De Beers has rebuffed allegations in the media that it sold Russian diamonds in breach of US sanctions.
On Thursday, luxury publication Glitz.Paris reported that De Beers had “sold stones of Russian origin in the US” last year. It also claimed the company “bought diamonds in 2022 from the Russian firm Alrosa via an Israeli company.” Over the weekend, Botswana newspaper Sunday Standard cited the allegations in a front-page story.
“Let us be clear — this allegation is not true,” De Beers said in a statement Sunday. “De Beers only sources diamonds discovered in Botswana, Canada, Namibia and South Africa, or from select companies that adhere to our strict and third-party audited sourcing policy. Following the start of the war, we removed Russia from our third-party sourcing list. We do not source diamonds from Russia.”
The “shady deals” threaten to “taint Botswana diamonds” and might affect ongoing negotiations between De Beers and the Botswana government, Sunday Standard asserted.
De Beers’ Forevermark consumer brand “conducted at least 120 transactions of Russian diamonds with customers in which the stones were destined for the US market,” Sunday Standard reported, citing the paywalled Glitz.Paris article. These stones ranged from 0.19 to 0.27 carats, had VS1 clarity, and carried insurance valuations of $227,000 to $366,000, the newspaper continued.
De Beers signed “several contracts” with Alrosa, Russia’s partially state-owned diamond miner, in recent years, with three of them dated February 21, 22 and 23, 2022, according to the same report. Russia invaded Ukraine on February 24, 2022 — the same day the US sanctions went into effect. It’s unclear if the reports were alleging any deals took place after this date.
Some of the alleged purchases were via Israel-based diamond manufacturer and De Beers sightholder Dalumi Group, the report claimed — a fact that Dalumi also denied.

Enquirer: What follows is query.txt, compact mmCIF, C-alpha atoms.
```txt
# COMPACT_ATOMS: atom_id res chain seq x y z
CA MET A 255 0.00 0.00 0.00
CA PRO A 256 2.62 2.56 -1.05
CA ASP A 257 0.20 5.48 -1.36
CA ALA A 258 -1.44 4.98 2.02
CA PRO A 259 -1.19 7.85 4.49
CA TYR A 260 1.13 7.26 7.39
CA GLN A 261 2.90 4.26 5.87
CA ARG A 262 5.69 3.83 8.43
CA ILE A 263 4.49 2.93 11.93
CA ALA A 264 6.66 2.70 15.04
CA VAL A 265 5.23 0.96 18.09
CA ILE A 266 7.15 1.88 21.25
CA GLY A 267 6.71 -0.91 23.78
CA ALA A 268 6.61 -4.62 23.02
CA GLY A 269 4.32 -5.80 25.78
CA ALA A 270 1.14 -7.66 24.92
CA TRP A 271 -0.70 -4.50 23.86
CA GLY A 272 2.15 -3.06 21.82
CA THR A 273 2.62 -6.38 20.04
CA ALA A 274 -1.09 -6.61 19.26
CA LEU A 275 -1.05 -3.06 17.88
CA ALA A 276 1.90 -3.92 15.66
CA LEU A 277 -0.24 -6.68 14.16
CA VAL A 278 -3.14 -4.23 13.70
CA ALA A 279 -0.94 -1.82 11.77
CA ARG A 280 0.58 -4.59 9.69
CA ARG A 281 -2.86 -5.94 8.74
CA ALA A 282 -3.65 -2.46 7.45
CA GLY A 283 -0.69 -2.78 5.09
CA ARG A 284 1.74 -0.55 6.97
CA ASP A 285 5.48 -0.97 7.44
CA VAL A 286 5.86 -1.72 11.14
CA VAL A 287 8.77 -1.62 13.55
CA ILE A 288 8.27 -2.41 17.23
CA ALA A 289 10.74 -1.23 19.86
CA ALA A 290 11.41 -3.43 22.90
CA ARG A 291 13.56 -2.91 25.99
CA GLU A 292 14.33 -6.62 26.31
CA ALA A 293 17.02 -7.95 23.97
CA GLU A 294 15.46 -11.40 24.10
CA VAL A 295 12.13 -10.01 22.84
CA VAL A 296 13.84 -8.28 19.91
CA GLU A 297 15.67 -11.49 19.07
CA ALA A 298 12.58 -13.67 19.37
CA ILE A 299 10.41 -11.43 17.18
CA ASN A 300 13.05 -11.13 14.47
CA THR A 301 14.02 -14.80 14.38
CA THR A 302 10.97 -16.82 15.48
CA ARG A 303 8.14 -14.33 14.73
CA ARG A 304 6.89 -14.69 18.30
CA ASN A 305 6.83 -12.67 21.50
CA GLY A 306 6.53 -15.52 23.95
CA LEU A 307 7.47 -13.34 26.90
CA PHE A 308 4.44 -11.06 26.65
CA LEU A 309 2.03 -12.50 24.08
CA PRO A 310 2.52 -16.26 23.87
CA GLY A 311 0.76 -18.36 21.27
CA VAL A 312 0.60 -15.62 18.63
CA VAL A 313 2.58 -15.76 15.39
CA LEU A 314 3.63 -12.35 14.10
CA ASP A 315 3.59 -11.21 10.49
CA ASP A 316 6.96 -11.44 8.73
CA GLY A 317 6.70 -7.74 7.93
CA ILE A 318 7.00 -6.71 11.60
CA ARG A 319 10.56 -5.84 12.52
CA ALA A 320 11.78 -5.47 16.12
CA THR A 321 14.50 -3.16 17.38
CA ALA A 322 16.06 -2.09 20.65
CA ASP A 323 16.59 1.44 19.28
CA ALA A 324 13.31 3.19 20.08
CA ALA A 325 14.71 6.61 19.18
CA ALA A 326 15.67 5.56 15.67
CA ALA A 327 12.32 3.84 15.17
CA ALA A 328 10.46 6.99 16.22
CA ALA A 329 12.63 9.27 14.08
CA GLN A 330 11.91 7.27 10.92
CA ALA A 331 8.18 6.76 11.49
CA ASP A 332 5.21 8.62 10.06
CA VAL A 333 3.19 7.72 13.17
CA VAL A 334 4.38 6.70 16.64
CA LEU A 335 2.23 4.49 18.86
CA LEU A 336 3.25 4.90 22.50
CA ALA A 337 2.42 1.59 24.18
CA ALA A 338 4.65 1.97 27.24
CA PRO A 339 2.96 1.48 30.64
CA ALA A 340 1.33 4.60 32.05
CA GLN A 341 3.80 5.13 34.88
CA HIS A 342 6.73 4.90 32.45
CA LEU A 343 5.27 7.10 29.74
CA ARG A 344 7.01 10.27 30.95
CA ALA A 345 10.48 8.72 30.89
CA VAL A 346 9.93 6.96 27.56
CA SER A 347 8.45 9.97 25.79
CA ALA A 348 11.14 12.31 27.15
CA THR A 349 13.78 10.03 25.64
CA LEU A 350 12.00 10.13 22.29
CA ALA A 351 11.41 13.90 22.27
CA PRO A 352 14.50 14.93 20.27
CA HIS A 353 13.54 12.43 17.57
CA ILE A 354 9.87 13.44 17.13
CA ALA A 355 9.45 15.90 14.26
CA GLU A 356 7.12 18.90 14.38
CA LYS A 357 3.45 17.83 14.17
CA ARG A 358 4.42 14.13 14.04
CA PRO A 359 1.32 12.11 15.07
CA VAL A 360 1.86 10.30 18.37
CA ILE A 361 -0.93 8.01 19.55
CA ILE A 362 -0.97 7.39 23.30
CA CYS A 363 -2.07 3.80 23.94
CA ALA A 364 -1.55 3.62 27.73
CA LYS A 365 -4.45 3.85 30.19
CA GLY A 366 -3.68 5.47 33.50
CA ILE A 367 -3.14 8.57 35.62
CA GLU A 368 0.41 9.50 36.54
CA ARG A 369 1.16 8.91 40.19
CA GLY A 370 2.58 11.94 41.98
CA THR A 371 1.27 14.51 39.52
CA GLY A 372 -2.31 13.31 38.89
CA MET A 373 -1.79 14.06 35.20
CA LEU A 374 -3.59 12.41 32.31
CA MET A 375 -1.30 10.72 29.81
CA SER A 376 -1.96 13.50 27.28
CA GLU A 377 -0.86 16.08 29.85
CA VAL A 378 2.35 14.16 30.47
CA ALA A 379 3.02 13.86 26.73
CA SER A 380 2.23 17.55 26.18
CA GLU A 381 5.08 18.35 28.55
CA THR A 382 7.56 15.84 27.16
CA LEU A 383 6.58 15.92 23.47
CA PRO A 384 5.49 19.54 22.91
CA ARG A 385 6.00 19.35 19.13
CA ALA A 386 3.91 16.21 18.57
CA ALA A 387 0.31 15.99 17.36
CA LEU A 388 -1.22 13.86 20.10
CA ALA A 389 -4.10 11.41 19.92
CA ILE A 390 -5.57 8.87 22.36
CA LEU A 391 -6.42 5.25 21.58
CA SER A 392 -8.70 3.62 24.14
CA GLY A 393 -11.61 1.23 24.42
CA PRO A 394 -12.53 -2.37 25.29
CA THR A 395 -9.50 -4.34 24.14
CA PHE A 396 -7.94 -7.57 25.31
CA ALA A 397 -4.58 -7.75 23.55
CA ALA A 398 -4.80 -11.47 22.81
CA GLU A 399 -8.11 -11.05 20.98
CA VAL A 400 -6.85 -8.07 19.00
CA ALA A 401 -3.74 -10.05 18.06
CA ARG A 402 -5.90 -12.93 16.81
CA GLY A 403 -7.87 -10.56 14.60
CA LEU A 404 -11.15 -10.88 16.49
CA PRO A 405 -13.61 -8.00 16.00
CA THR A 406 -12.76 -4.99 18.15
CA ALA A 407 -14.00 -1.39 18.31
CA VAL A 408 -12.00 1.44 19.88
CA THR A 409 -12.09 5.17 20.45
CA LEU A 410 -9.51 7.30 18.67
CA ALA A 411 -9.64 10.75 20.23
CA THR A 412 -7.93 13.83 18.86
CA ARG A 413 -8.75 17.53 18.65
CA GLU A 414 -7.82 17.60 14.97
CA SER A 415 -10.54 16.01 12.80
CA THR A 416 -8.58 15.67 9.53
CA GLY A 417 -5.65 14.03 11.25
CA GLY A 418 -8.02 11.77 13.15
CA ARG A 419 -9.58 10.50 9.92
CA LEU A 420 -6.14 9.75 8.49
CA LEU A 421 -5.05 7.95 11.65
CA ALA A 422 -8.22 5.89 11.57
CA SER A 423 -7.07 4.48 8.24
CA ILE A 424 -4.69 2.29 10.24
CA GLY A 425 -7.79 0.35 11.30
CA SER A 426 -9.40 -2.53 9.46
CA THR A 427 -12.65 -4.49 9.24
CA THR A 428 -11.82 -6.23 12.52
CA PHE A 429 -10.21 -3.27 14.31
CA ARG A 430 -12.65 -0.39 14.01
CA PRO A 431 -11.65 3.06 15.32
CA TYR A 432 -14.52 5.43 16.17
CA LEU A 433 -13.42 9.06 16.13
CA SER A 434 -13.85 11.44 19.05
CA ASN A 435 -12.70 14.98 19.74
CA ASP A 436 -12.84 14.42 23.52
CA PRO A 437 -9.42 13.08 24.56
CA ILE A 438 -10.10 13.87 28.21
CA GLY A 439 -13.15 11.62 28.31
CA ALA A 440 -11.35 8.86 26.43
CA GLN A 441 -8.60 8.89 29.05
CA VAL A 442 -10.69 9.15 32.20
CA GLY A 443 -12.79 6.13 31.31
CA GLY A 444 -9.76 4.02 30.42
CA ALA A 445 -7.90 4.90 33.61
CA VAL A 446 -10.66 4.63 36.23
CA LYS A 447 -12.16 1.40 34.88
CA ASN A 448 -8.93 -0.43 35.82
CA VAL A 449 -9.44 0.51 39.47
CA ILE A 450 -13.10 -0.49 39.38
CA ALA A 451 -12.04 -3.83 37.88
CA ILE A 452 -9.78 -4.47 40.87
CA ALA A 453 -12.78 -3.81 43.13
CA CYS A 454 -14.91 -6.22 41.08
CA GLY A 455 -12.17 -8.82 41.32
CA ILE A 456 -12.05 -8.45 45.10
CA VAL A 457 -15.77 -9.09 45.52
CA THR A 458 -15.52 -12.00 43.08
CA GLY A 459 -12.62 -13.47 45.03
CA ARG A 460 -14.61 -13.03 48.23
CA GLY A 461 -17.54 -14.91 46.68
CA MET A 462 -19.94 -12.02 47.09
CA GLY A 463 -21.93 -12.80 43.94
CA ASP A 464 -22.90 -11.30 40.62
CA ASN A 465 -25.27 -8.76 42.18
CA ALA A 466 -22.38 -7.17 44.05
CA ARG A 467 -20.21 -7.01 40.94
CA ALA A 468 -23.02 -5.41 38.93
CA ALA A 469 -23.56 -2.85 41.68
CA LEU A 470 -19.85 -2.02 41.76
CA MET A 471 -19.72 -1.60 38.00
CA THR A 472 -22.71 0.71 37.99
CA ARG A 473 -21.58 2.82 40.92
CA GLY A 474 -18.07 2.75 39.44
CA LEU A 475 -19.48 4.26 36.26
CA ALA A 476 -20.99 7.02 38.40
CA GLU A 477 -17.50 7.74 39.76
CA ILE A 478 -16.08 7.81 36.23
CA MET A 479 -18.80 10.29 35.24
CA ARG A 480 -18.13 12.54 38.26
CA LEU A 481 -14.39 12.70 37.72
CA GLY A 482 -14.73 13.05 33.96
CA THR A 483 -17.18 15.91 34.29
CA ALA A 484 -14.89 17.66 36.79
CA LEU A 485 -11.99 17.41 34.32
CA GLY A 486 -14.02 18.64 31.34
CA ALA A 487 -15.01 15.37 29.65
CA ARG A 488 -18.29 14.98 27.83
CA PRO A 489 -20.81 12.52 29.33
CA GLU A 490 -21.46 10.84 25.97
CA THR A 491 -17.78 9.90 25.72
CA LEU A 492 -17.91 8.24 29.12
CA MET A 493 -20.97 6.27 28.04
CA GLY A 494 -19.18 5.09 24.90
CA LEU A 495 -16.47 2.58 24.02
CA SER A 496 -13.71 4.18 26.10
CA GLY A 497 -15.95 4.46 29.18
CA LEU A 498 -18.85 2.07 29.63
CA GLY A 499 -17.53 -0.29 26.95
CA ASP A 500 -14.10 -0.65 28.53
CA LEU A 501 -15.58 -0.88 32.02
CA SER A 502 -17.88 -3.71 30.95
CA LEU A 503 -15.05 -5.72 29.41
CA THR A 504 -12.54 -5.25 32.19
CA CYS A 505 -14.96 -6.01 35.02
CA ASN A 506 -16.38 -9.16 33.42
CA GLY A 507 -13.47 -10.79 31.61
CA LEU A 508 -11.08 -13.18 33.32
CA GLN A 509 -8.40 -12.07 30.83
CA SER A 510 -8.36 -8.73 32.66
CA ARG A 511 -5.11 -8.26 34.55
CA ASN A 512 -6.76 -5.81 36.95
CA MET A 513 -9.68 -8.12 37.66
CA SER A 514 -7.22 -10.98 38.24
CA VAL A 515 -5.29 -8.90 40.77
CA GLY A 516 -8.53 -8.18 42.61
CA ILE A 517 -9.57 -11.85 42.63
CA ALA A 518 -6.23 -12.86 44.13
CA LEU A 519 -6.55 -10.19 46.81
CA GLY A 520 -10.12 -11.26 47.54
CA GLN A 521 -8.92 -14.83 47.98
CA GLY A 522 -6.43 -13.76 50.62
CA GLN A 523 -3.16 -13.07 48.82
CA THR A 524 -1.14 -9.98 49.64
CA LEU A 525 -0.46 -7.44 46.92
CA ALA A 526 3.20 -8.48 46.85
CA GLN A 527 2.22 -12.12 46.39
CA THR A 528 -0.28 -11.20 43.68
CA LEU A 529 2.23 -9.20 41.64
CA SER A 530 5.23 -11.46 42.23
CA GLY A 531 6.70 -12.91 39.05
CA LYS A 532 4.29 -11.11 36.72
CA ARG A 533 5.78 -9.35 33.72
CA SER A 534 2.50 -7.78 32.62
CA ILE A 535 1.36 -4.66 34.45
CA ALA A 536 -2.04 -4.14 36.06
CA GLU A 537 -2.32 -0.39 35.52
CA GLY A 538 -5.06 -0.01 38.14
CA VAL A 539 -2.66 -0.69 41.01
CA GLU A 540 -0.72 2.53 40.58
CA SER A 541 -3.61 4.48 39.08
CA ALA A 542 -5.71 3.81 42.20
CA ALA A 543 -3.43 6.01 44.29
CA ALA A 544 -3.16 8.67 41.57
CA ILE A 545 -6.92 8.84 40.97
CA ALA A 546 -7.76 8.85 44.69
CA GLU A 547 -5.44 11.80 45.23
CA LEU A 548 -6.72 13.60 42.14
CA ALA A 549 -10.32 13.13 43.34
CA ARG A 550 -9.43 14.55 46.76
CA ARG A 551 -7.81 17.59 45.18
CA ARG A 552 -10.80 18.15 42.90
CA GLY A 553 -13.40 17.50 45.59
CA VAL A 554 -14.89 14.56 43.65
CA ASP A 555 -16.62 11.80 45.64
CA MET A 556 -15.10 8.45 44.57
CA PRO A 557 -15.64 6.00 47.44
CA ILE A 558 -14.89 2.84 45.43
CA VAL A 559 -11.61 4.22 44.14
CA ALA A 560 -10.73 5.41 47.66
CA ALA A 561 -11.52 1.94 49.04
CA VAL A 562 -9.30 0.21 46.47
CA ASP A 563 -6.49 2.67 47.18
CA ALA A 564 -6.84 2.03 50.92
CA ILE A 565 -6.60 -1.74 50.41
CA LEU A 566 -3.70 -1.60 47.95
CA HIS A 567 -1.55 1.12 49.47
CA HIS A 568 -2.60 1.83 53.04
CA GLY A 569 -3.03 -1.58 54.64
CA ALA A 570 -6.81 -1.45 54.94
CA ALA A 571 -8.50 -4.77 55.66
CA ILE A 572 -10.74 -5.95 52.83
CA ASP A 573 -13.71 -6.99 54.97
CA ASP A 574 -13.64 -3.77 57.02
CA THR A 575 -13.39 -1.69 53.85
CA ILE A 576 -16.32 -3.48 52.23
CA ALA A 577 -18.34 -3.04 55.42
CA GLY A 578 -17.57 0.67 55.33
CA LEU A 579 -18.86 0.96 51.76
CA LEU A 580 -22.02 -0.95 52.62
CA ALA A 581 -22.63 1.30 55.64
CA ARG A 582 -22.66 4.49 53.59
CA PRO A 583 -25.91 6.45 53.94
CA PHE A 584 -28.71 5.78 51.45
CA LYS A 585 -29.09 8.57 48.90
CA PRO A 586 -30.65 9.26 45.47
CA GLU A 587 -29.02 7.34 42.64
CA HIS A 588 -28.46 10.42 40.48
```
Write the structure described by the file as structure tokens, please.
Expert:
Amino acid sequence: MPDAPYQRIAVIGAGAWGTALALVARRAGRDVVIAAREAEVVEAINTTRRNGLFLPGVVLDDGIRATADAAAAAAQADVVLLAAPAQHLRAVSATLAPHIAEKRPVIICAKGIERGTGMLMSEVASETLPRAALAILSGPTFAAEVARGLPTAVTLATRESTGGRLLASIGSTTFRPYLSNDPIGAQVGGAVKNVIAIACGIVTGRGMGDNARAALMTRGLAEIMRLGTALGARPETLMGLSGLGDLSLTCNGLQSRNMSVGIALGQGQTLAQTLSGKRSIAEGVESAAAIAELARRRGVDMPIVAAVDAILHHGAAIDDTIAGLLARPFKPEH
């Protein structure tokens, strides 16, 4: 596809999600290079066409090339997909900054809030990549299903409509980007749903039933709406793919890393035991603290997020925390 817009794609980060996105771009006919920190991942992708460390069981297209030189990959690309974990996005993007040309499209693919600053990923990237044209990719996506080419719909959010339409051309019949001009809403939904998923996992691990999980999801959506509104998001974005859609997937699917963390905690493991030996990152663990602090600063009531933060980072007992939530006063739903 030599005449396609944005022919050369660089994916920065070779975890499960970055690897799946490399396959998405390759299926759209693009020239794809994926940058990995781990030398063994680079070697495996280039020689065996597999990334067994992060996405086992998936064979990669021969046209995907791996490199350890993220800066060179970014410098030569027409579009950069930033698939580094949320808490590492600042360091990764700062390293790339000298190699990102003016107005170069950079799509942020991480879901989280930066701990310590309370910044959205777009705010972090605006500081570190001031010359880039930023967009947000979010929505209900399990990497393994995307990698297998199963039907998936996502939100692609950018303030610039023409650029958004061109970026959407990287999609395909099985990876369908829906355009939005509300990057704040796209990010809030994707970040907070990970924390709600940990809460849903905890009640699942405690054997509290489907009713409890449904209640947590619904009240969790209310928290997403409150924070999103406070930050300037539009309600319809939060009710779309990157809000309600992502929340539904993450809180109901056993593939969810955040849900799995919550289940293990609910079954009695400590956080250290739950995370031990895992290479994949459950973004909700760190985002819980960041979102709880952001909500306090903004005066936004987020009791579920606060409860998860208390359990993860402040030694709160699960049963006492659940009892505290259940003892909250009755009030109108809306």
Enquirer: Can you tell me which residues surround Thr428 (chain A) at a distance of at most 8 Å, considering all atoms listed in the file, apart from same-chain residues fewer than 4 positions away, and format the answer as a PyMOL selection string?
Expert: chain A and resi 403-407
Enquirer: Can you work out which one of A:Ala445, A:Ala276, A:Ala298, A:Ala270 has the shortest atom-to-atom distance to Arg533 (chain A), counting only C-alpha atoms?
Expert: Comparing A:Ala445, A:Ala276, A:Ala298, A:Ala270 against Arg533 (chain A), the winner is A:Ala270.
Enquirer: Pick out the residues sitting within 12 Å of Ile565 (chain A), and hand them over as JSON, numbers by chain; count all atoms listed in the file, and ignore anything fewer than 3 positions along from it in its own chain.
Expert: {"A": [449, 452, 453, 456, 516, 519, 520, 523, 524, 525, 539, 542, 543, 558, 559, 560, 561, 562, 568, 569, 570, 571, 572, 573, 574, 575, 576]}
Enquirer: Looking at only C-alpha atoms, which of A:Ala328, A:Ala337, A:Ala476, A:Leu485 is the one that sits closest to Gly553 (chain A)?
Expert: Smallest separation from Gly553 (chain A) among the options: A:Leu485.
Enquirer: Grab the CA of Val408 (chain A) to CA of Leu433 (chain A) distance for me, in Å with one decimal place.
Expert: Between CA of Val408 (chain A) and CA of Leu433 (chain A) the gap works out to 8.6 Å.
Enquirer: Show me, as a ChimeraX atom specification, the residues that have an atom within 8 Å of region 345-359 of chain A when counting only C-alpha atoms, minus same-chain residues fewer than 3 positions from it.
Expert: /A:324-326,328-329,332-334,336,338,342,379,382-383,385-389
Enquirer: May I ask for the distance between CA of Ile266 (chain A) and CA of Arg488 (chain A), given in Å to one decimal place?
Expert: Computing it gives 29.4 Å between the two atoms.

“Dalumi Group ceased buying Russian diamonds from Alrosa on February 22, 2022,” Dalumi managing director Rafi Yerushalmi said in a statement to Rapaport News on Sunday. “Furthermore, Dalumi Group confirms that it has never sold Russian polished to the De Beers Group.”
The claims raise the stakes in the De Beers-Botswana negotiations, according to Sunday Standard, since the government has demanded that the country’s diamonds be marketed separately from De Beers aggregated goods as “Botswana diamonds.” At present, the bulk of rough coming from De Beers’ mines in Africa and Canada goes through aggregation before reaching the market.
“It is no secret that we have been the subject of a number of headlines in Botswana over the past several months,” De Beers said in its statement on Sunday. “While those stories were distortions, this particular story is dangerous. Beyond De Beers, it suggests to consumers that the natural diamonds they buy, a significant percentage of which come from Botswana, are tainted. This is not true, but in an attempt to discredit De Beers, the article risks damaging much more.”
On March 11, 2022, following the US’s ban on imports of Russian diamonds, De Beers released a statement saying that “every diamond that De Beers Group sells is discovered at one of our mines in Botswana, Canada, Namibia or South Africa.”
The current version of that statement on the De Beers website reads: “Every diamond discovered by De Beers Group comes from one of our mines in Botswana, Canada, Namibia or South Africa.” A note accompanying it says that the wording was “amended for accuracy” on March 23, 2022.
While De Beers only sells rough from its own mines, it sources diamonds from third parties for Forevermark and De Beers Jewellers, its consumer brands.
This is not the first time De Beers has moved to refute reports about it in Botswana. In November 2022, it denied a Sunday Standard article saying the government might “ditch” the mining company.
Image: A diamond engagement ring at a De Beers Forevermark store in Gaborone, Botswana. (Ben Perry/Armoury Films/De Beers)